Like the man who appointed him to the position, today marks FCC Chairman Kevin Martin’s last day on the job. That both he and President Bush are leaving office to the relief of most, and the glee of many, is partly explained by a trait they share: Both have an unfortunate capacity to project their personal views ahead, and at the expense, of sound public policy.
In Bush’s case the most obvious example is the Iraqi adventure; in Martin’s it has been his pursuit of content controls on TV programming. This is not to say there weren’t other things on their agenda—some of which even went right—just that it is these issues for which they will be remembered most critically.
Looking back on it, two events bookend The Media Institute’s relationship with Kevin Martin. The first was a speech he gave at our annual awards banquet in October of 2003, at a time when he was but a Commissioner at the FCC; the second was a private meeting I had with him in May of 2005, not long after he became Chairman.
With the benefit of hindsight, one can see in Martin’s banquet speech an outline of where his personal views might later take him. Indeed, I knew even before the speech that he had a strong aversion to indecent programming. But even so I assumed that his clear understanding of the benefits of free speech (much of which he attested to in his remarks), and his knowledge of the constitutional limitations, would overcome his personal views.
To be fair, Martin would deny, and indeed has denied, that his pursuit of indecent TV programming was anything more than an obligation on his part; that Congress has passed laws and he was simply enforcing them.
That argument, though, puts me in mind of a tale concerning the former British Prime Minister, Harold Wilson. Seems that, so the story goes, Wilson went round to Buckingham Palace following his Labour Party’s defeat in 1970, there to tender his resignation to the Queen, only to find that she had gone for the day to the races at Ascot. This was said by many to be very odd because the Queen was known to be a lady who always put duty before pleasure. Perhaps though, said one, the Queen saw Ascot as her duty and Wilson’s resignation as her pleasure.
However he saw his duties, Kevin Martin’s crackdown on TV content was definitely his pleasure.
In November of 2004, The Media Institute published an essay written by Arizona State University professor Laurence Winer. Titled “Soul of the Censor: The FCC Attacks Television Violence,” the essay was a brilliant, if provocative, explication of the constitutional infirmities, and other problems, with the FCC’s crackdown on violent and indecent TV programming.
Six months later, and with growing concern about the direction in which he seemed headed, I wandered over to the FCC for a meeting with Martin, who just two months earlier had been named Chairman. My hope for the meeting was that I might be able to persuade him to make a course correction re “fleeting expletives,” and all the rest of it, on the argument that the Commission was putting the cart before the horse; that, as Professor Winer had observed, not only was there no evidence in the record of harm from exposure to indecent TV, the nature of the alleged harm itself wasn’t even explained.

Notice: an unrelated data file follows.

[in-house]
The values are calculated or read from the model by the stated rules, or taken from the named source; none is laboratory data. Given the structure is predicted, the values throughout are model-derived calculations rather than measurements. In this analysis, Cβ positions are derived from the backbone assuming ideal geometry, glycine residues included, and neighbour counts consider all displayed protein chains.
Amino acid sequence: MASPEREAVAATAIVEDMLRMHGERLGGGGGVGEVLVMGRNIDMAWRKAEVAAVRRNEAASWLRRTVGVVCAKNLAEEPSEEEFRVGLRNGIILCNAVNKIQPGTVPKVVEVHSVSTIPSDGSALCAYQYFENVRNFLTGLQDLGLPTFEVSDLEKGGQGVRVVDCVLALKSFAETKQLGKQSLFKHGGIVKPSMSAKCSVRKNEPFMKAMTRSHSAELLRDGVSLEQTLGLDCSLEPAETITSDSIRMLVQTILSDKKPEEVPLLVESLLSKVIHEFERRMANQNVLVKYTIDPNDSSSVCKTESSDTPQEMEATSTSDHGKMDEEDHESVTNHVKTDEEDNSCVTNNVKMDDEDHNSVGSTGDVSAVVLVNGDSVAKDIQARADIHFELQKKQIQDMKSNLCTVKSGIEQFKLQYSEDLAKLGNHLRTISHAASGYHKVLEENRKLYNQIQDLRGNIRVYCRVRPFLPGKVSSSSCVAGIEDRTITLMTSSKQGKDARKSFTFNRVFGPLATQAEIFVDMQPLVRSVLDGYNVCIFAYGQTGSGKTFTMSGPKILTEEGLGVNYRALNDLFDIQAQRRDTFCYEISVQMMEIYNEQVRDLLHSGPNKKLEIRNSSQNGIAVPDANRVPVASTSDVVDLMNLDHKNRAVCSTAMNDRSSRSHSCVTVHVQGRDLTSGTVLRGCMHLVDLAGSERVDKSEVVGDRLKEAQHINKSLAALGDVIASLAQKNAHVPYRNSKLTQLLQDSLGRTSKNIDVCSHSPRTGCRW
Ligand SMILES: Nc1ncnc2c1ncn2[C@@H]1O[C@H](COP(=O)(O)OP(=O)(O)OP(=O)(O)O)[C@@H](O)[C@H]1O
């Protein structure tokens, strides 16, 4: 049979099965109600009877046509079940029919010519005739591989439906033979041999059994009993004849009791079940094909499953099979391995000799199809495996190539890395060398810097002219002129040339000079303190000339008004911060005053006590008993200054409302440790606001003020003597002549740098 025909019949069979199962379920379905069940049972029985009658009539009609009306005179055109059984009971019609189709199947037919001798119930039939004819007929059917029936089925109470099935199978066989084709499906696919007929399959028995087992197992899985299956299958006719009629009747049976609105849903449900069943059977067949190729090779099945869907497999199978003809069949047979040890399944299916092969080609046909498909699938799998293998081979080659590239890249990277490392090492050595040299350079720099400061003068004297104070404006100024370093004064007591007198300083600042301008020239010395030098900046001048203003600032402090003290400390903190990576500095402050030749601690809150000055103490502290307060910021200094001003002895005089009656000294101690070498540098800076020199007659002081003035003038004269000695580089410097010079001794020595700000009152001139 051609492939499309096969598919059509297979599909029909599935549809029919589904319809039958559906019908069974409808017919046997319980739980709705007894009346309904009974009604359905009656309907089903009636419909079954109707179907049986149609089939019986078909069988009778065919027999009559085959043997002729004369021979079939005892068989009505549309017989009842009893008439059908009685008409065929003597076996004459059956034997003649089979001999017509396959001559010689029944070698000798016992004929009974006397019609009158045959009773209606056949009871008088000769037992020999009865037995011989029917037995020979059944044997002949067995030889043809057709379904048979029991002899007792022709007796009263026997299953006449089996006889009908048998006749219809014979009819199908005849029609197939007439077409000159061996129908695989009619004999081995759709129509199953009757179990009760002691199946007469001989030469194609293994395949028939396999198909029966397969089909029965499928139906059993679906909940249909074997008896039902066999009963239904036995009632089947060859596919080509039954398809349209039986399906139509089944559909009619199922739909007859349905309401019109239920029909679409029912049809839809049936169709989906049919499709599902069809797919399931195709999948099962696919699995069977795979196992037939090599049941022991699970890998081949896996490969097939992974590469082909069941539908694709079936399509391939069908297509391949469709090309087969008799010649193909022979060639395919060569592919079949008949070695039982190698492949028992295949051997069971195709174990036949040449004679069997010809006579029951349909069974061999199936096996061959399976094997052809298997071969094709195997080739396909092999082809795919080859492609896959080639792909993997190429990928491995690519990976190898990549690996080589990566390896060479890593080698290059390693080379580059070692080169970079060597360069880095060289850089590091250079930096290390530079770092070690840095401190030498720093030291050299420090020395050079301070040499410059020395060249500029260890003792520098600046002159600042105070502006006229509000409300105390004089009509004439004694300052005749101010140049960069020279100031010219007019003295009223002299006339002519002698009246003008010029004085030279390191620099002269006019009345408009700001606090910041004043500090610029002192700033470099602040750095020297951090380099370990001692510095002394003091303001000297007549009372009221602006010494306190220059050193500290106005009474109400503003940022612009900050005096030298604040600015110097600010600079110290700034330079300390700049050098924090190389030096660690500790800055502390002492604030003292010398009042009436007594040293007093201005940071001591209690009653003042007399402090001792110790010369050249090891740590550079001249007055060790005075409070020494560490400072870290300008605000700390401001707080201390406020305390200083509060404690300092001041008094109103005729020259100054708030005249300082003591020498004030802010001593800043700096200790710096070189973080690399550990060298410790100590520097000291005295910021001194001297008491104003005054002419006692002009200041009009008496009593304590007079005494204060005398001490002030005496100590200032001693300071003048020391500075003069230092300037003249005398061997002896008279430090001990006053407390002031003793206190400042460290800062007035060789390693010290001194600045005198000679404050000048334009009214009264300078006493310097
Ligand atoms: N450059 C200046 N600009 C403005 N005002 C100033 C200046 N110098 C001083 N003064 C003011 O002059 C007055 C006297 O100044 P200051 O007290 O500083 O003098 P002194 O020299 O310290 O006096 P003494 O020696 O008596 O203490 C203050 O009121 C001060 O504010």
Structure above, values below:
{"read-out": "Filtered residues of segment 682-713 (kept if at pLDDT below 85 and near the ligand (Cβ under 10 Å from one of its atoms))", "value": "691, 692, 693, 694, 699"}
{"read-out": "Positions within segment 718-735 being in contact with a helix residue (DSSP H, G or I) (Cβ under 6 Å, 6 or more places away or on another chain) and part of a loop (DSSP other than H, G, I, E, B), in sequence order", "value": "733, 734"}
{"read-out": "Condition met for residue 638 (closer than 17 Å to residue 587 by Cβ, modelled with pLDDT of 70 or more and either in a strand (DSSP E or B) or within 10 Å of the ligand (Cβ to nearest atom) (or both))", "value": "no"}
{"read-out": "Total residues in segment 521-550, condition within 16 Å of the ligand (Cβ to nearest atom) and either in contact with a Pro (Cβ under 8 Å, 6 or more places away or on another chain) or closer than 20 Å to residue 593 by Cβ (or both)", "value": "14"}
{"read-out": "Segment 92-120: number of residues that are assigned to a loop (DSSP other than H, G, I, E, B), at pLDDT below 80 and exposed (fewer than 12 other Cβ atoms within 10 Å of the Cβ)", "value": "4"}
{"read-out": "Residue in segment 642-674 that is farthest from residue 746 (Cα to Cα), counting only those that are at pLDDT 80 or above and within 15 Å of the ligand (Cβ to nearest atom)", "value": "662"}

Martin was having none of it, though, and showed a particular displeasure with Winer’s essay. And so, though I didn’t realize it at the time, what had been a collegial relationship with him, and with Michael Powell before him, turned adversarial. Thereafter, he rarely attended Media Institute functions, and largely stopped communicating with us.
But he didn’t stop, or even slow down, his campaign to “clean up” the airwaves. Instead, he turned his attention to cable TV, and to his “a la carte” proposal for cable pricing, a mission that, given its length and depth, took on almost comical proportions, with some observers likening it to Ahab’s pursuit of Moby Dick.
Martin argued that the motive behind his a la carte advocacy was to give consumers a break in the rising cost of cable TV service, but virtually nobody was buying it. Instead, it looked to most people as just another attempt to supplant ‘indecent” with “family friendly” programming. As Fortune’s Mark Gunther put it, “So what’s going on here? Politics, as usual.”
In the end, the great irony in Martin’s a la carte campaign–and indeed in all of his efforts to combat what he deems offensive or harmful TV programming–is that owing to the Internet and its effects, the marketplace by itself is moving toward program disaggregation and greater consumer choice, a development one might think a Republican appointee would have expected and preferred to government controls.